There is much research on SoCE businesses. A typical example is Product-Service Systems (PSS) (Tukker, 2004). PSS are systems that integrate products and services to provide the functions required by users. There is also a study that proposed a framework for product design and business model strategy in the move to CE (Bocken et al, 2016). Hirota et al (2022) proposed an architecture for a platform-based circular economy business. The architecture consists of four viewpoints (i.e., business viewpoint, usage viewpoint, functional viewpoint, and implementation viewpoint) in order to describe CE business scenarios. There are also many studies assessing the environmental impact of new business models. Pouri (2021) developed a framework for analyzing the environmental impacts of the Digital Sharing Economy (DSE). She organized various SoCE business cases, such as ride-sharing and food-sharing, and proposed indicators for assessment.
However, it is still a big challenge to assess the environmental benefit (e.g., avoided emissions) of SoCE business due to two problems as follows – (i) the linkage between a business concept, expected customers, use cases, products, and services is complex and (ii) it is unclear to what extent consumers will choose assumed SoCE business. Aiming to address these problems, this study develops a method for designing SoCE business scenarios. A scenario is defined as a description of multiple possible futures, and the process from its creation to analysis is called scenario design (Kishita et al, 2020). In this paper, we prototype the method and apply it to examine various SoCE business ideas in a quantitative manner.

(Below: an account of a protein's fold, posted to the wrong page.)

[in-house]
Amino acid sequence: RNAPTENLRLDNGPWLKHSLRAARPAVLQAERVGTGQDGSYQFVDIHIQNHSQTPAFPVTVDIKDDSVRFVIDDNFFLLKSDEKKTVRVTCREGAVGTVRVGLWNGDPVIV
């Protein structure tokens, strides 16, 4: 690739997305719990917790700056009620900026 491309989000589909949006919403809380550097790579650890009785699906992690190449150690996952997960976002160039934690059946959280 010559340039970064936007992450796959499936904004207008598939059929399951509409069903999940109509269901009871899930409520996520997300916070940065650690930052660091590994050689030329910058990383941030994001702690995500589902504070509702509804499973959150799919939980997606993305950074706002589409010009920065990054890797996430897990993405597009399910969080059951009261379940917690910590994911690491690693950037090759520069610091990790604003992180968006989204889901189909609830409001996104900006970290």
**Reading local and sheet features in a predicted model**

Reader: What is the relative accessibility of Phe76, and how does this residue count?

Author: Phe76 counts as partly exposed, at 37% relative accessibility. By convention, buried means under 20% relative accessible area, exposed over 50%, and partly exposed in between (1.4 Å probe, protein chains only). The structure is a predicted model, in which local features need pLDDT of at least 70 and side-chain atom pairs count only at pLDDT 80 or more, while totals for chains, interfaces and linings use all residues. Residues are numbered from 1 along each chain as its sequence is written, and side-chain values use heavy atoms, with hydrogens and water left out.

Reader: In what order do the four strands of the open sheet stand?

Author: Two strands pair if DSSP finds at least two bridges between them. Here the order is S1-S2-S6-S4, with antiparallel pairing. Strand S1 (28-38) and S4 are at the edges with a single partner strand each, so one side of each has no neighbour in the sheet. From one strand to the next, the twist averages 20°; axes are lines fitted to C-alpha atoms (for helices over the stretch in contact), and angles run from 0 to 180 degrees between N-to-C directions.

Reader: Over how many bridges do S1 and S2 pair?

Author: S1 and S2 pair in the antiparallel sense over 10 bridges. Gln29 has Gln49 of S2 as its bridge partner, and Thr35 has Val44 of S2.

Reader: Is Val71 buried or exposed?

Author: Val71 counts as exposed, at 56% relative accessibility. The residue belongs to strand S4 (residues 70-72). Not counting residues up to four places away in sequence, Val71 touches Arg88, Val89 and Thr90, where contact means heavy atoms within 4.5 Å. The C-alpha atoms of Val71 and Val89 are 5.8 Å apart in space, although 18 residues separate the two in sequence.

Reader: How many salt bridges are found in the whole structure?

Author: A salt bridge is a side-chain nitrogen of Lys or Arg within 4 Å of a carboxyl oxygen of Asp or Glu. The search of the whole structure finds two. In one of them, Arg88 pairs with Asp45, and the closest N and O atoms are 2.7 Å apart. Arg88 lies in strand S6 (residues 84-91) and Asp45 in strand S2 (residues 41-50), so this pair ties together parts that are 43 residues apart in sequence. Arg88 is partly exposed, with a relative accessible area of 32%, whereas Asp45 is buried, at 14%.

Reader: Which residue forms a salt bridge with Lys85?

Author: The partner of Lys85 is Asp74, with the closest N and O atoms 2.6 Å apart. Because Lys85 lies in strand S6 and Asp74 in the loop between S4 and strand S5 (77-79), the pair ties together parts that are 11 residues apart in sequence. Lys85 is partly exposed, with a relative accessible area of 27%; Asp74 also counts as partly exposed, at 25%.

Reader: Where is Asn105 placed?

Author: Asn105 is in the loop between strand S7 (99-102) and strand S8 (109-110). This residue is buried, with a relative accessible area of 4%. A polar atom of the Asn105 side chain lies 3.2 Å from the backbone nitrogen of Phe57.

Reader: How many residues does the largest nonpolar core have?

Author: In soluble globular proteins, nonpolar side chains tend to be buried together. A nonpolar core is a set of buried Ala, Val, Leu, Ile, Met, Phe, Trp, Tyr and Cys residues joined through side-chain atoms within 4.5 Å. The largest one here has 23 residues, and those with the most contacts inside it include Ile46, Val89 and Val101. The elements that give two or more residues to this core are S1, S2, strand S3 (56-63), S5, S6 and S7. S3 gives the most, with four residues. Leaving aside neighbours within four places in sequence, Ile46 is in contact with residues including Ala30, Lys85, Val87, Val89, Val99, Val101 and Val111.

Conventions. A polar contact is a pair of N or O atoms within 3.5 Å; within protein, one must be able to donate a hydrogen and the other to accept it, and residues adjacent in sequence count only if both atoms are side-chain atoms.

In this study, we describe SoCE business scenarios using workshops, questionnaires, and interviews with business providers and consumers as shown in Figure 1. To address (i), scenarios are described in a narrative format based on the architecture (see Figure 2, Hirota et al, 2022).